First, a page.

If you are considering selling your business, you may be under the assumption—held by most small business owners—that selling to a third-party buyer is your only option, but it may not be. In reality, a third-party sale can be the most difficult to achieve and can actually be the more costly option. Perhaps more importantly, it may not satisfy your objectives, including:
- Financial (how much money you need)
- Non-financial (what is important to you)
You may have several different selling options, and it’s critical that the option you choose is aligned with both your financial and non-financial goals in order to accomplish a successful sale. There are 5 predominant options for selling your business, some internal and some external.
Internal Sale Options
You can sell your business internally to someone inside the company: management, employees, or family members. In general, internal transfers provide a sale at a lower gross price, but may produce a greater net sale price due to tax and fee minimization.
- Management Buy-out or Leveraged Buy-out
The sale to your management team usually requires that either you provide financing in the form of a seller note (MBO) or a bank provide the funds in the case of the LBO, for the purchase of your business. You may remain involved for a period of time.
- Employee Stock Ownership (ESOP)
This type of internal sale does not necessitate selling your stock directly to the employees as the name implies but, rather, to a trust for the benefit of the employees. It can offer the greatest tax advantages and flexibility for an owner because you do not have to sell the entire company or relinquish control.
- Stock Redemption Plan
This is similar to a management buy-out but involves selling your shares over time. This option can have tax advantages, especially in the case of S and C corporations. Three key elements must be in place: company profits, ample time, and trust between the parties.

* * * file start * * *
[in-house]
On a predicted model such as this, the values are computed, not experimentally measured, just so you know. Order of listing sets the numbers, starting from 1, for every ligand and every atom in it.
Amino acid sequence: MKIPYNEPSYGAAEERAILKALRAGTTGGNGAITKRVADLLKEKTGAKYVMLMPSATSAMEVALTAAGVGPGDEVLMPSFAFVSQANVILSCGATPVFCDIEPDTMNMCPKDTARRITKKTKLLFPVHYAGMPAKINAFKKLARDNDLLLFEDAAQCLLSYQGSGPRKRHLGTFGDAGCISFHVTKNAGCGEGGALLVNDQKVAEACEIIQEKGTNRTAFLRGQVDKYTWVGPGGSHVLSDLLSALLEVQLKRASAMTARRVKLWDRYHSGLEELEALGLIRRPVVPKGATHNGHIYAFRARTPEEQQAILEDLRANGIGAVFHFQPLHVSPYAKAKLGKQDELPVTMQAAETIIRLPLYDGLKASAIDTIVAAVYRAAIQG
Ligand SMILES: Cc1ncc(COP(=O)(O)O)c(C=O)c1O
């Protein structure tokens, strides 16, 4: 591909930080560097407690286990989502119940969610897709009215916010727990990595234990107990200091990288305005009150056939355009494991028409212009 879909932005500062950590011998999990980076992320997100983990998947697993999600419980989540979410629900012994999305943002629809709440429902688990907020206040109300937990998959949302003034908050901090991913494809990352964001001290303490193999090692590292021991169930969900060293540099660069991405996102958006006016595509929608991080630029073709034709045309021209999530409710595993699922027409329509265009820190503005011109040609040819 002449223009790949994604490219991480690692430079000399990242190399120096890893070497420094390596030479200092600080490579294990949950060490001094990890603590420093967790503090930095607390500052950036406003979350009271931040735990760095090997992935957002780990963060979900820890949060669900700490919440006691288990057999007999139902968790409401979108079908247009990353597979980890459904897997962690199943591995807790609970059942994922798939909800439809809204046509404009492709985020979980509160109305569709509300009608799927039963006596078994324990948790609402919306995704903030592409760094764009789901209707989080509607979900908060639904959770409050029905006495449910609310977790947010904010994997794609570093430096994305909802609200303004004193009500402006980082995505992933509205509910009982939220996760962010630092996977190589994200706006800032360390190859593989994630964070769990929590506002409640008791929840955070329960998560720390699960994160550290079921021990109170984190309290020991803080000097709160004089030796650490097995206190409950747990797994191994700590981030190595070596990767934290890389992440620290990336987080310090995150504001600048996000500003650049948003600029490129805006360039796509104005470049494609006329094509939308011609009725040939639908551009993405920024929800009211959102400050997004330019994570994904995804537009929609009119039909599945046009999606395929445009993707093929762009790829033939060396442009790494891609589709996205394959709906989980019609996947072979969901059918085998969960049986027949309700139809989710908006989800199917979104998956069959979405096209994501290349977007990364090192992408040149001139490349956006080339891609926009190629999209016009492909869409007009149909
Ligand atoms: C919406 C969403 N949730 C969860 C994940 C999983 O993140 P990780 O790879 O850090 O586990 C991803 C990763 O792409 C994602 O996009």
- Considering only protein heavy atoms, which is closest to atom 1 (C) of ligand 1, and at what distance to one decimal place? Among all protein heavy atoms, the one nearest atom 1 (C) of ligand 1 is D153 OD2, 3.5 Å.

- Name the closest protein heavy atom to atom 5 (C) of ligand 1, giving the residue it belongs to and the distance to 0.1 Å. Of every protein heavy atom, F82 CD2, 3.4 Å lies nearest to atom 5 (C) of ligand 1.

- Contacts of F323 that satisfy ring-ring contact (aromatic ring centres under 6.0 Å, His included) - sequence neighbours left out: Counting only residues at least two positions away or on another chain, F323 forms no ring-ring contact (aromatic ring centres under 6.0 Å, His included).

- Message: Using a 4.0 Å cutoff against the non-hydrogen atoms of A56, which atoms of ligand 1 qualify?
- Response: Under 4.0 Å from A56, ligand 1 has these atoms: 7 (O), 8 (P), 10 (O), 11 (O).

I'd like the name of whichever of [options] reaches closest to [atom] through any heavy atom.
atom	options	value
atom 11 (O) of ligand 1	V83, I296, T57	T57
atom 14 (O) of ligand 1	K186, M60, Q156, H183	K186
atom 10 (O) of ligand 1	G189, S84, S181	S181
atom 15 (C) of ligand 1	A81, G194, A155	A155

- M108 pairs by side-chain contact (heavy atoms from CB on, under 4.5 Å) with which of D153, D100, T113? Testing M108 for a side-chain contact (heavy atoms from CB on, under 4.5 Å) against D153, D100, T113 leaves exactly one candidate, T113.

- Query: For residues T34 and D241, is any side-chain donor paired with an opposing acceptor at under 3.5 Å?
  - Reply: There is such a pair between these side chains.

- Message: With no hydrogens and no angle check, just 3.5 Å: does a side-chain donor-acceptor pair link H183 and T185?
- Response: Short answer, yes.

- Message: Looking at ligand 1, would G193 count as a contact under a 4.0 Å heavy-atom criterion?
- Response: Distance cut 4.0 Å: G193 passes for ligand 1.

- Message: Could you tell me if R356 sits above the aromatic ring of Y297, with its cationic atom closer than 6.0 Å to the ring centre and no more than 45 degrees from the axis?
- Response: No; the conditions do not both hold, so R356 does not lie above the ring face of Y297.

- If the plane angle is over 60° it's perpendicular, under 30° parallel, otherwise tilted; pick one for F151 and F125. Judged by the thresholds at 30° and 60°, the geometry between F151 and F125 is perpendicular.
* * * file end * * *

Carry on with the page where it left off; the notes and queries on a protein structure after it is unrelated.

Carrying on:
External Sale Options
- Sale to a Third Party
This can be to an individual or another company and can provide the highest sales price, but not necessarily the highest net proceeds. You generally will not be involved with your business for very long after the sale.
- Private Equity Recapitalization
This usually involves a group of investors purchasing a portion of your business, usually more than 50% and up to 80%, while you retain some ownership for a period of time. Private Equity Groups (PEGs) generally want an owner to remain involved for a period of 3‒5 years, at which time the company will be taken to market again theoretically enabling you to get a “second bite of the apple”.. Things don’t always work out as planned but this may be a good option for an owner who wants to sell to a third-party, and remain involved with the business for a few more years.
When considering your options for selling your business, the financial considerations are usually the focus and come with a false assumption that the higher the sales price, the higher the net proceeds. But this isn’t necessarily true. In fact, most business owners don’t know how much money they really need to net from their business sale to achieve their financial goals.
The key here is net, which is defined as:
- Gross sale price
- Less the payoff of company debt
- Plus retained assets
- Less all selling expenses
- Legal fees
- Transaction fees
- Less Taxes
- Equals NET proceeds
Taxes and transaction fees can cause the largest reduction in your business sale proceeds. Unfortunately, most owners don’t realize this early enough.
The non-financial issues are equally important and, if not considered, can contribute to “seller’s remorse,” which most often occurs when the seller no longer feels relevant which causes a sense of emptiness and regret. This can be avoided if owners start preparing themselves well in advance of the sale.
Identifying Your Best Exit Option
There is no easy way to decide which exit option is best for you. It’s a complex issue, which requires analysis and integration of your current situation with your future financial and non-financial goals. The best way to determine your optimal exit option and the steps required to achieve it, is through a comprehensive, holistic exit planning process.
For an in-depth look at our recommended six-step process, we encourage you to read our book, Cashing Out of Your Business. Without the proper knowledge and preparation, you may limit your options and compromise your success in selling your largest asset: your business.